Nearly 2 million Syrian children are refugees, the United Nations Refugee Agency (UNHCR) reports. An upsurge in fighting has complicated aid efforts as the conflict enters its fifth year.
Here’s background on the humanitarian needs in Syria and among refugees in the region
How many people have fled their homes?
About 3.9 million have fled as refugees to neighboring countries and more than 7.6 million people are internally displaced (IDPs) within Syria.
Does the number of refugees show any sign of slowing?
No. UNHCR registered about 900,000 new refugees in 2014, adding to the 2.3 million who had left Syria since war erupted in 2011.
From January 2 to March 10, about 200,000 more people fled Syria for neighboring countries. Their main destinations are Jordan, Turkey, Lebanon, Egypt, and Iraq, though conflict in Iraq now discourages that option.
What are the refugees’ greatest needs?
Refugees need food, clothing, stoves and fuel for heat and cooking, and basic household and hygiene items. They need reliable supplies of clean water, and sanitation facilities.
Children need a safe, protective environment and a chance to play and go to school.
Adults need employment options to provide for their families while displaced.
The UN Office for the Coordination of Humanitarian Assistance says 12.2 million people inside Syria need some form of help, including millions of children who cannot go to school.
Where are the refugees living?
More than 1.1 million refugees are in Lebanon. Many have taken up residence there in communities’ abandoned buildings, sheds, spare rooms, garages, and in tent settlements on vacant land.
Conditions are often crowded and unsanitary. Even so, families struggle to pay rent for these spaces.
Turkey hosts more than 1.6 million Syrian refugees. Iraq, facing its own armed conflict, is hosting about 244,000 Syrians. Nearly 620,000 refugees have settled in Jordan, mostly with host families or in rented accommodations.
About 84,000 live in Za’atari , a camp near the northern border with Syria, and about 15,000 live in Azraq , a camp that opened last April to ease the pressure at Za’atari.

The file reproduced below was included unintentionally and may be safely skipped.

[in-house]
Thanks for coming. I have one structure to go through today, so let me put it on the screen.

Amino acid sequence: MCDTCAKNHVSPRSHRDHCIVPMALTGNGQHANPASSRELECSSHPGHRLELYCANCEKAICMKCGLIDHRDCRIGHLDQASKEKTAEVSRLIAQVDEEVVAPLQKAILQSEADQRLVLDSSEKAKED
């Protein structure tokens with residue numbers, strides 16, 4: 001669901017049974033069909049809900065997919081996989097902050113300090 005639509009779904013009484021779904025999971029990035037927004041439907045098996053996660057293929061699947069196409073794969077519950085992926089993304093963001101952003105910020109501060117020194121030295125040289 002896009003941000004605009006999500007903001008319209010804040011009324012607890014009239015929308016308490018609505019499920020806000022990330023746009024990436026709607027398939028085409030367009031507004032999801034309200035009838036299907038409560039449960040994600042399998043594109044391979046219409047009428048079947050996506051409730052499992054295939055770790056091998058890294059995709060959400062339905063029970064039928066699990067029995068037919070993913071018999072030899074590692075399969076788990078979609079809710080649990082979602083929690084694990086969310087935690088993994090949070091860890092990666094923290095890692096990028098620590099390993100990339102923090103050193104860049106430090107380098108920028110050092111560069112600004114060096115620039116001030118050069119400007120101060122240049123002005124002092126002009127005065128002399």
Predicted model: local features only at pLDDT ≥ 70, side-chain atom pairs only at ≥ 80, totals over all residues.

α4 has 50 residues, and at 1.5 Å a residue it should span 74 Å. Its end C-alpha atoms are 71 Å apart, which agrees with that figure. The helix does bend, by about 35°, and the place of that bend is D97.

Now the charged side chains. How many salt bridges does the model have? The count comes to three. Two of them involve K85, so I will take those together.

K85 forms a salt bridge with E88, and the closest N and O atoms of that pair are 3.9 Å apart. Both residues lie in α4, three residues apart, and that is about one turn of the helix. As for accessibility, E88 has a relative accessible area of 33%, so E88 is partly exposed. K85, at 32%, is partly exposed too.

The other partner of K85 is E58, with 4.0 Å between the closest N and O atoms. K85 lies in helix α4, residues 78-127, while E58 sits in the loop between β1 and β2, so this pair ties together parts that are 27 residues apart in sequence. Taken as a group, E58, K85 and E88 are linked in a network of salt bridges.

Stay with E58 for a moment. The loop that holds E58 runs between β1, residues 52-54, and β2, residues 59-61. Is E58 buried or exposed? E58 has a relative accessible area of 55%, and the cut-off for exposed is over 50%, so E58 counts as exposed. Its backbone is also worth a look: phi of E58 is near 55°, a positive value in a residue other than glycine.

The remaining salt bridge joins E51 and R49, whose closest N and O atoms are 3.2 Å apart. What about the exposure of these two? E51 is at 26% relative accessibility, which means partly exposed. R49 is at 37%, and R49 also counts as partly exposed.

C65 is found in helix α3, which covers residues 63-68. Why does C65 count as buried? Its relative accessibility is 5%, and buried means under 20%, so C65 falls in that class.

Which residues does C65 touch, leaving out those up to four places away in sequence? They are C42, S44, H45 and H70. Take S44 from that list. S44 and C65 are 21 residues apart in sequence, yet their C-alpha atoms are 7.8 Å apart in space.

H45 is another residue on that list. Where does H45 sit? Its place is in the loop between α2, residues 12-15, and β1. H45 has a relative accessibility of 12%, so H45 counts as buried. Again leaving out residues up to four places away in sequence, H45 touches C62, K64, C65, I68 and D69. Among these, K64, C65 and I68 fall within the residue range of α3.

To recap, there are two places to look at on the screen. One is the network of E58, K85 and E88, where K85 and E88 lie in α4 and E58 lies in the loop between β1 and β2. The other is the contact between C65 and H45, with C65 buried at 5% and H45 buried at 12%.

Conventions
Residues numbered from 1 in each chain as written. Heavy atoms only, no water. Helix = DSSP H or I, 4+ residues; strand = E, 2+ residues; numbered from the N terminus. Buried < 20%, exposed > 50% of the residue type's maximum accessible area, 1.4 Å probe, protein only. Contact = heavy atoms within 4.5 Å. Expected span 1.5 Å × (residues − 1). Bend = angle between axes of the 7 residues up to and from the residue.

What risks do children face?
Children are especially susceptible to malnutrition and diseases related to poor sanitation. Many suffer from diarrheal diseases and dehydration.
Because of the breakdown of the Syrian health system and lack of adequate immunization, there have been outbreaks of measles and even polio in Syria and among refugee children.
Children are more vulnerable to sexual abuse and exploitation in unfamiliar and overcrowded conditions.
Without adequate income to support their families and fearful of their daughters being molested, parents—especially single mothers—may opt to arrange marriage for girls as young as 13.
What is the impact on refugee children’s education?
After four years of brutal conflict, 2.8 million children are out of school, the UN Children’s Fund (UNICEF) reports.
For children inside Syria, the reasons are many: insecurity, teachers absent or deceased, and schools destroyed or occupied by warring groups or displaced families.
For refugee families that don’t live in camps, paying rent and other expenses can make it difficult for parents to afford books, uniforms, and tuition fees for their children.
In Lebanon, the government has opened public schools to Syrian children, but language barriers, overcrowding, and the cost of transportation keep many refugee children out of school.
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